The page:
DovahQueen: Bend the Knee
Since 2015, the DovahQueen has been taking your questions and giving advice to improve your games. Now the tables are turned in this DovahQueen series; Loren is asking the questions and a panel of three guests—an RPG-industry veteran, a Know Direction network staff member, and a fan—answers. It’s time to Bend the Knee!
First, let’s meet today’s guests.
RPG-Industry Veteran: Lou Agresta
A novelist and game designer, I started playing with the Holmes Basic set in 1978, wrote professionally for the first time in 2004, and have since developed, edited, and written well over a million words for the adventure game industry, including the ENnie winning Razor Coast line. Most recently I’m the co-creator of Grimmerspace, the largest successful Kickstarter for Starfinder as well as its first sci-fi horror campaign setting.
Outside of gaming I’m a dad, a martial arts enthusiast, and a fan of Nordic dotwork tattooing. I live in the Hudson Valley with two cats, my girlfriend, and (part-time) two children—not necessarily in that order.
Know Direction Network Staff Member: Ron Lundeen
I’ve been playing tabletop RPGs for going on…sheesh…four decades. I pivoted from my career as a transactional attorney to become a developer on the Pathfinder Adventure Path line at Paizo going on…sheesh…three years ago. You can catch me playing Skootch in the Intrepid Heroes podcast and prattling on with my friend John on Digital Divination. My RPG advice blog is on my website at RunAmokGames.com, and it’s usually worth reading.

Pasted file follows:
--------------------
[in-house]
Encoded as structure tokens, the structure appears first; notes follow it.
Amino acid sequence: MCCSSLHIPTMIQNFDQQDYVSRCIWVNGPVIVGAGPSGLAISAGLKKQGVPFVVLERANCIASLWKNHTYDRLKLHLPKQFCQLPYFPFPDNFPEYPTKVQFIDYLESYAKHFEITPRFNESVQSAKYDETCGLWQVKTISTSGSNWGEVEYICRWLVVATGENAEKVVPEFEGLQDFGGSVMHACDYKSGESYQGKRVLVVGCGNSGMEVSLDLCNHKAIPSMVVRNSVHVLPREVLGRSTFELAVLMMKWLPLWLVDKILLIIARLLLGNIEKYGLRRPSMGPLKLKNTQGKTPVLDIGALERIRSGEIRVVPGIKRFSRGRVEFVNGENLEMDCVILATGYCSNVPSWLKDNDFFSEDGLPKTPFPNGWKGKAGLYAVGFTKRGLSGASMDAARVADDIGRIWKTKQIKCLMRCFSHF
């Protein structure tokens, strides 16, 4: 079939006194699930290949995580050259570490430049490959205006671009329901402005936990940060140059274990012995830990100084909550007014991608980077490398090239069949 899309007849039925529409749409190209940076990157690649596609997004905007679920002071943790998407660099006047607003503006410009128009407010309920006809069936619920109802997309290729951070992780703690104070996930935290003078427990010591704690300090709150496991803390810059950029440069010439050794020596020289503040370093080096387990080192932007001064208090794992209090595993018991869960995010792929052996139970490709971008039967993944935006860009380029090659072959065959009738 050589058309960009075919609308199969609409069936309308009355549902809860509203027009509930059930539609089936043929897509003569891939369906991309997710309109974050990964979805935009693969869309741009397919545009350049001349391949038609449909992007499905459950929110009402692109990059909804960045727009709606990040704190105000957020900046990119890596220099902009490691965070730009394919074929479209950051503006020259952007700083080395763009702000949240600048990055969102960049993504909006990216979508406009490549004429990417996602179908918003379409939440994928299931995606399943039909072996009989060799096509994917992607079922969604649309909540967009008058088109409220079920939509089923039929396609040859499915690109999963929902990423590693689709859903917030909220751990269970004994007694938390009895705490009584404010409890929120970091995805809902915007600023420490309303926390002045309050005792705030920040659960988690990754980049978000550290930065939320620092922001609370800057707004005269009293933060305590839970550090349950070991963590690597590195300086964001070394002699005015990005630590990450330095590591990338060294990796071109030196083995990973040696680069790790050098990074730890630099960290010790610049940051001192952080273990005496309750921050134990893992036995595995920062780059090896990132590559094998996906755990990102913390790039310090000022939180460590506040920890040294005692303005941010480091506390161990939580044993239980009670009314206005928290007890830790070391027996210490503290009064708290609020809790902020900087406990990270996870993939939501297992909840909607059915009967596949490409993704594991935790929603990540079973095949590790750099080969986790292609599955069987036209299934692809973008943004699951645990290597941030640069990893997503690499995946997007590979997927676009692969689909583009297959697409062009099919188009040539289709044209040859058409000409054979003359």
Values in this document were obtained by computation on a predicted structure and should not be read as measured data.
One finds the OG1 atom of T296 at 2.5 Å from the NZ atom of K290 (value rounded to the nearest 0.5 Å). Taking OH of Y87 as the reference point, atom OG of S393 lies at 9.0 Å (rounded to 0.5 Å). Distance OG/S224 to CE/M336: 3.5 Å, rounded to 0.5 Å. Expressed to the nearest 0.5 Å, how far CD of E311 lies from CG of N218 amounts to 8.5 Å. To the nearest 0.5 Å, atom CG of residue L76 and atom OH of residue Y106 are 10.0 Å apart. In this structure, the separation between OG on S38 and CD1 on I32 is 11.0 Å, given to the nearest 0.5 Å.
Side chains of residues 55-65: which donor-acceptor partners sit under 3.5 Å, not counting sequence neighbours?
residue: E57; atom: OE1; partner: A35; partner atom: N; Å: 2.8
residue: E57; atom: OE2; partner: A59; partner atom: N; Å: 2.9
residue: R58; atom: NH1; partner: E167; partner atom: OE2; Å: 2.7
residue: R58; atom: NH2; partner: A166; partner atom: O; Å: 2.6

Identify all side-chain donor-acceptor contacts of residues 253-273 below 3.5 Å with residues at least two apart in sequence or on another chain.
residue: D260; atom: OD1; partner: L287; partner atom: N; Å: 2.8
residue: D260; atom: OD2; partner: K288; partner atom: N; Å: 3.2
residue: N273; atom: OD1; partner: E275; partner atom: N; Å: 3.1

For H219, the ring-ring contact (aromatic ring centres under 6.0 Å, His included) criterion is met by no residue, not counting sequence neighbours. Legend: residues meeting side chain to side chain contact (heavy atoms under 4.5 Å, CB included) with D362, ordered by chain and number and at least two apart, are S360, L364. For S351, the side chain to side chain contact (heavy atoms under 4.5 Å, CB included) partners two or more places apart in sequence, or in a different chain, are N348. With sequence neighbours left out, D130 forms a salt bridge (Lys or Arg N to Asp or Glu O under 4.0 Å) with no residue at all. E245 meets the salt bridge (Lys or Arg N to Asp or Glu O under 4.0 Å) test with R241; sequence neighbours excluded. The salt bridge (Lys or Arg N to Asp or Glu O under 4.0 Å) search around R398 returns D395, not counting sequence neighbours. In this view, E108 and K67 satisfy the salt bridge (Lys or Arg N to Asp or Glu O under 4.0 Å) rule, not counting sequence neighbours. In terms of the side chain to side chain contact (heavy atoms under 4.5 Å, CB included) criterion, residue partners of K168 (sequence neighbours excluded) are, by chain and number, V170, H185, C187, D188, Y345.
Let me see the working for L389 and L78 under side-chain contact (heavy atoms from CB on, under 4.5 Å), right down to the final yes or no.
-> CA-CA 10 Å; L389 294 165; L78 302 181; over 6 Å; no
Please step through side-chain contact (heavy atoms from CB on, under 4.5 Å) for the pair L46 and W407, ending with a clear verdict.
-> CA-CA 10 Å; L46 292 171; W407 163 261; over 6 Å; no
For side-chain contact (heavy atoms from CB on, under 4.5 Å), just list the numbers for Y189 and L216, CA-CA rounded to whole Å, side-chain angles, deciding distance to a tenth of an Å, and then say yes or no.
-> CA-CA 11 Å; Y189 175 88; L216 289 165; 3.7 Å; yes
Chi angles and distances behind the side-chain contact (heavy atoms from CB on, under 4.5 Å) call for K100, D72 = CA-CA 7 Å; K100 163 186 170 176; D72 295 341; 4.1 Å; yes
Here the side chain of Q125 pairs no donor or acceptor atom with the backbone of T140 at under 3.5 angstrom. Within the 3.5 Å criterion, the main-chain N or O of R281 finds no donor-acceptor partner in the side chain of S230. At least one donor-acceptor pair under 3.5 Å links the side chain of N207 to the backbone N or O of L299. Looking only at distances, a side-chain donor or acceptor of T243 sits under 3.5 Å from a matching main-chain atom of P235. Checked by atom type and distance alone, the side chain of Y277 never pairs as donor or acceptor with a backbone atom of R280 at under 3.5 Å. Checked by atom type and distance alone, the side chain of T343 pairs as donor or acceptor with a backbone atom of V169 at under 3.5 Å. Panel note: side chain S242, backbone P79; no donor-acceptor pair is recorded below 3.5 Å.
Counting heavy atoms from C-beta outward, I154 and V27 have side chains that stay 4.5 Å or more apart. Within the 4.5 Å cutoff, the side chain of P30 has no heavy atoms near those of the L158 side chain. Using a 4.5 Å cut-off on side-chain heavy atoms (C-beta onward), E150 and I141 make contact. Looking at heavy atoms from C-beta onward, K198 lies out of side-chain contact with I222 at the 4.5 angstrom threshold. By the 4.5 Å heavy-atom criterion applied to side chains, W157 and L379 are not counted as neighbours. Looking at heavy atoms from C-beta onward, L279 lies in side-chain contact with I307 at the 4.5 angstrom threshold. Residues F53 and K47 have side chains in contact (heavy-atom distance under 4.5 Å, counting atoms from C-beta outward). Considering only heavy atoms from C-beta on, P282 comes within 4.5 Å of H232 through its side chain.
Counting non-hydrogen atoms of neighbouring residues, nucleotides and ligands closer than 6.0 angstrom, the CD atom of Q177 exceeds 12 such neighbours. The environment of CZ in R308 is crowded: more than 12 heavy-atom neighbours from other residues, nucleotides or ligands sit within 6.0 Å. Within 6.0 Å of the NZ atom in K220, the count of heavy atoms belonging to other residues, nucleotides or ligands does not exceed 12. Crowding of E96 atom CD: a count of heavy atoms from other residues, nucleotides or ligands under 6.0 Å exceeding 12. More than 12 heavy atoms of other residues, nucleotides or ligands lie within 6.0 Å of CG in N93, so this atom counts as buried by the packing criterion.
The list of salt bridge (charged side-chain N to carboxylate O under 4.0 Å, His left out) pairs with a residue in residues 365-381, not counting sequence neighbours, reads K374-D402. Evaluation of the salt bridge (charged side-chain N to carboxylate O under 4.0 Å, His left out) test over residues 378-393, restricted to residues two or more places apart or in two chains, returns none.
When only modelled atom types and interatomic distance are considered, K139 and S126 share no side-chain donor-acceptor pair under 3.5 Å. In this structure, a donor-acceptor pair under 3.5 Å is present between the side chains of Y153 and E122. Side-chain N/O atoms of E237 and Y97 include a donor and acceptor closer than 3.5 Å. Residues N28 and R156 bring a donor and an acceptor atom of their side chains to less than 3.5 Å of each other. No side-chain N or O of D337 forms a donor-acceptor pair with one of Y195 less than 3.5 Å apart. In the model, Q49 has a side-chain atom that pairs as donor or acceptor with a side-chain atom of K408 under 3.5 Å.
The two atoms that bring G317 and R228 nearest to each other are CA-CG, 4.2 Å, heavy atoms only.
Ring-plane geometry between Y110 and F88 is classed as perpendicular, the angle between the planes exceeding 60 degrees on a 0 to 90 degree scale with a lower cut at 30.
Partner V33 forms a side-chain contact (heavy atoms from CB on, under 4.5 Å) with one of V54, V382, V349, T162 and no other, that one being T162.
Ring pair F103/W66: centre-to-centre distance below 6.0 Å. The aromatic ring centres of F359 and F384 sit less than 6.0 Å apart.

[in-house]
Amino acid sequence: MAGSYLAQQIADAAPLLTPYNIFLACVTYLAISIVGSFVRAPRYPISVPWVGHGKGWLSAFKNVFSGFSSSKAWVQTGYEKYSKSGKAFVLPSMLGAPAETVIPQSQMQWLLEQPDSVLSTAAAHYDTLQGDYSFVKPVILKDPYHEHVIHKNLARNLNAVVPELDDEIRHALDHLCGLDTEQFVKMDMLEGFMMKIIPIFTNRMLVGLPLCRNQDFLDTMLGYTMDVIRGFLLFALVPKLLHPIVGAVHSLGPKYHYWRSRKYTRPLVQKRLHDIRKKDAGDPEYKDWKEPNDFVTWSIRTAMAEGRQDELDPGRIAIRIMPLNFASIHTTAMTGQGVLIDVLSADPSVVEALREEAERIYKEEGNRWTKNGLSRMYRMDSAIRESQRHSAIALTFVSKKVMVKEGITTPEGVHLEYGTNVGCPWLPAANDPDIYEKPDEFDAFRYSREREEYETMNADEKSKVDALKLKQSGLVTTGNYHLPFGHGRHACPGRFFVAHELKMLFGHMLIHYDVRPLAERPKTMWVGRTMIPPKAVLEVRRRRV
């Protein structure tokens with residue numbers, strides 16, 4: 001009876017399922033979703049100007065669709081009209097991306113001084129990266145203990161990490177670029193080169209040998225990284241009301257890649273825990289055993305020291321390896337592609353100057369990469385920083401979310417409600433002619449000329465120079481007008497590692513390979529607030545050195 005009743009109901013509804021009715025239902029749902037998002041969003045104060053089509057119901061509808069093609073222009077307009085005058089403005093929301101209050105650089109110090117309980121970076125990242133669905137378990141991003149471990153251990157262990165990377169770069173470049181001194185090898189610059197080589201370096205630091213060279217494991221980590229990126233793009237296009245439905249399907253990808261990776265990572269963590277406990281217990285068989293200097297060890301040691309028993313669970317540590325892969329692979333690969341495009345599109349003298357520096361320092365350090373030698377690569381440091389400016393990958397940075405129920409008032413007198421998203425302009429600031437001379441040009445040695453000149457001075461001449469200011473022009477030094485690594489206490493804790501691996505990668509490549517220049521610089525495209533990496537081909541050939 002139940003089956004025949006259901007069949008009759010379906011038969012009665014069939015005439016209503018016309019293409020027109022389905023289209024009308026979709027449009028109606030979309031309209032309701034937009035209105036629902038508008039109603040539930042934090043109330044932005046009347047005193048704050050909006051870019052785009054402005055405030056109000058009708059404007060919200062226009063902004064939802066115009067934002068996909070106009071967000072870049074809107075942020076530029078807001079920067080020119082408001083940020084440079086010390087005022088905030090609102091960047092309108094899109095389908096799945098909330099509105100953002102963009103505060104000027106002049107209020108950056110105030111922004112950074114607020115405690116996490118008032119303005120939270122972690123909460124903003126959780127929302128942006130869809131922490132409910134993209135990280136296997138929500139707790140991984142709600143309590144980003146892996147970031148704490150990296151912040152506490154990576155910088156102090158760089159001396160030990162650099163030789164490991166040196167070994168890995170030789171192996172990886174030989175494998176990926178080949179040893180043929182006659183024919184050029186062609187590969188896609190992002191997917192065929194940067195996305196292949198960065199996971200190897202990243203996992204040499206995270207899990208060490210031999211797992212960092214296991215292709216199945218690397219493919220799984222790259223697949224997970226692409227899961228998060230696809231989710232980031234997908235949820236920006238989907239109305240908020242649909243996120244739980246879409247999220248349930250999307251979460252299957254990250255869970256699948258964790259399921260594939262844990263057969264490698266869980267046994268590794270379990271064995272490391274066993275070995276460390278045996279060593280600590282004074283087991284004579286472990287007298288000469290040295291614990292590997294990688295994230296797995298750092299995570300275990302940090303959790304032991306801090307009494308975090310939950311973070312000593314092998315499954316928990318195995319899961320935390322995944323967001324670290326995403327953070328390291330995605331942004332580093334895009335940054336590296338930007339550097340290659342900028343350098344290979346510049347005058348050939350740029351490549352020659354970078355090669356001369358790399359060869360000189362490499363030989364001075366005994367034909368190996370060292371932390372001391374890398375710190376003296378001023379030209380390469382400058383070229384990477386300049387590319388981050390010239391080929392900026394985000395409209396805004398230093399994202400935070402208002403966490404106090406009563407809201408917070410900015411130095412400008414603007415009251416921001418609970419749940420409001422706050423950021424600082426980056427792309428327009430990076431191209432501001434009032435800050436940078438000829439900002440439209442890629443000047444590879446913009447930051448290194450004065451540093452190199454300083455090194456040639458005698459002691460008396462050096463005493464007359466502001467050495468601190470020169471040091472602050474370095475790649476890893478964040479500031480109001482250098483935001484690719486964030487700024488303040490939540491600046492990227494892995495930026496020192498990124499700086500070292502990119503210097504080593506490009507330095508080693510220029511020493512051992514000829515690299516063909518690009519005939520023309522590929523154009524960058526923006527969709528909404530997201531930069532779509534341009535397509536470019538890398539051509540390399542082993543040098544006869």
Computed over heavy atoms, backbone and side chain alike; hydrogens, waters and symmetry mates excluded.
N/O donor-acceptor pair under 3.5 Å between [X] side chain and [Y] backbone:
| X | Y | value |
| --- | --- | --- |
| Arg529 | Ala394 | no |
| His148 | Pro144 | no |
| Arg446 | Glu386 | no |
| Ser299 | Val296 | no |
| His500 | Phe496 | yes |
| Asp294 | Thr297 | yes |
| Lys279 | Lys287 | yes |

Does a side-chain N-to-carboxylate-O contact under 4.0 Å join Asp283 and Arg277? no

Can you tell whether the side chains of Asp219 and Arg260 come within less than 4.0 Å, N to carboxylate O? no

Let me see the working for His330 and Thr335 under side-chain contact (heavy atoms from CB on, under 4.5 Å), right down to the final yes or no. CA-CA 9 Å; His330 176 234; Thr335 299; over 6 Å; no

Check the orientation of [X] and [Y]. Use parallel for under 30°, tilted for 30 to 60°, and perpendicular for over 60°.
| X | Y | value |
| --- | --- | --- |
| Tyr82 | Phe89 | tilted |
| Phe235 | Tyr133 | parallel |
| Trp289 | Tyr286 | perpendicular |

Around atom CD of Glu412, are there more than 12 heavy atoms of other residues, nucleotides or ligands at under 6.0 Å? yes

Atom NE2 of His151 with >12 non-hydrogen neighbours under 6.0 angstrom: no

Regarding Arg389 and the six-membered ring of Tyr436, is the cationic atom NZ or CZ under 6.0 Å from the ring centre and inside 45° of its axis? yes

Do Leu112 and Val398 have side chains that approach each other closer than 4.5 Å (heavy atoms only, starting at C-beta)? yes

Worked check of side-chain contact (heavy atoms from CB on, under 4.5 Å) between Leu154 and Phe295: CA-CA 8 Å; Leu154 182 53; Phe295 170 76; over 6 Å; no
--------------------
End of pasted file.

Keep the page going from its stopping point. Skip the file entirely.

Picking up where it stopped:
Fan: Tom Parry (medtec28)
Like many gamers of my generation, I started 30-something years ago with AD&D Redbox as my gateway drug, moving onto harder stuff like Shadowrun and WoD in my college years. I’m currently playing PF and Shadowrun, but not nearly as often as I would like. The demands of the real world being what they are.
In my day job, I’m a Frontline Emergency Physician in NYC. When I’m not working clinically, I’m also a Medical Simulation educator, which means I run roleplay scenarios for interdisciplinary teams of medical professionals. In this way, I can say RPGs are both my hobby and my day job.
“The year is 2020. A strange new virus, COZED-18, has the world in its clutches as some decry the end of days. It started simple enough—just a cough, maybe some fatigue. Next, the infected were bed-ridden and struggling to breath. As people began to perish, the virus mutated and was no longer transmissible via airborne particles. Then, it began. What started out as a few isolated incidents of deceased victims animating and behaving in a feral state soon became the second wave of the pandemic, and it was the first wave of the zombie pandemic. These no-longer-fully-dead ferals proved to be the most virulent carriers of COZID; their bites were an (un)death sentence. They were called Zeds. Today, the Zed problem has reached critical mass. What yesterday was merely a handful of Zeds have spread across the country has turned into full-blown Armageddon. The news is telling people to stay home and stay safe. Your neighbors are out in the street with some friends getting their cardio in…apparently it’s leg day too. Now, there are a handful of people in your yard very much so not complying with social distancing. They look normal enough…you think… That’s probably just ketchup on his shirt. Afterall, the president said Zeds are just a hoax.”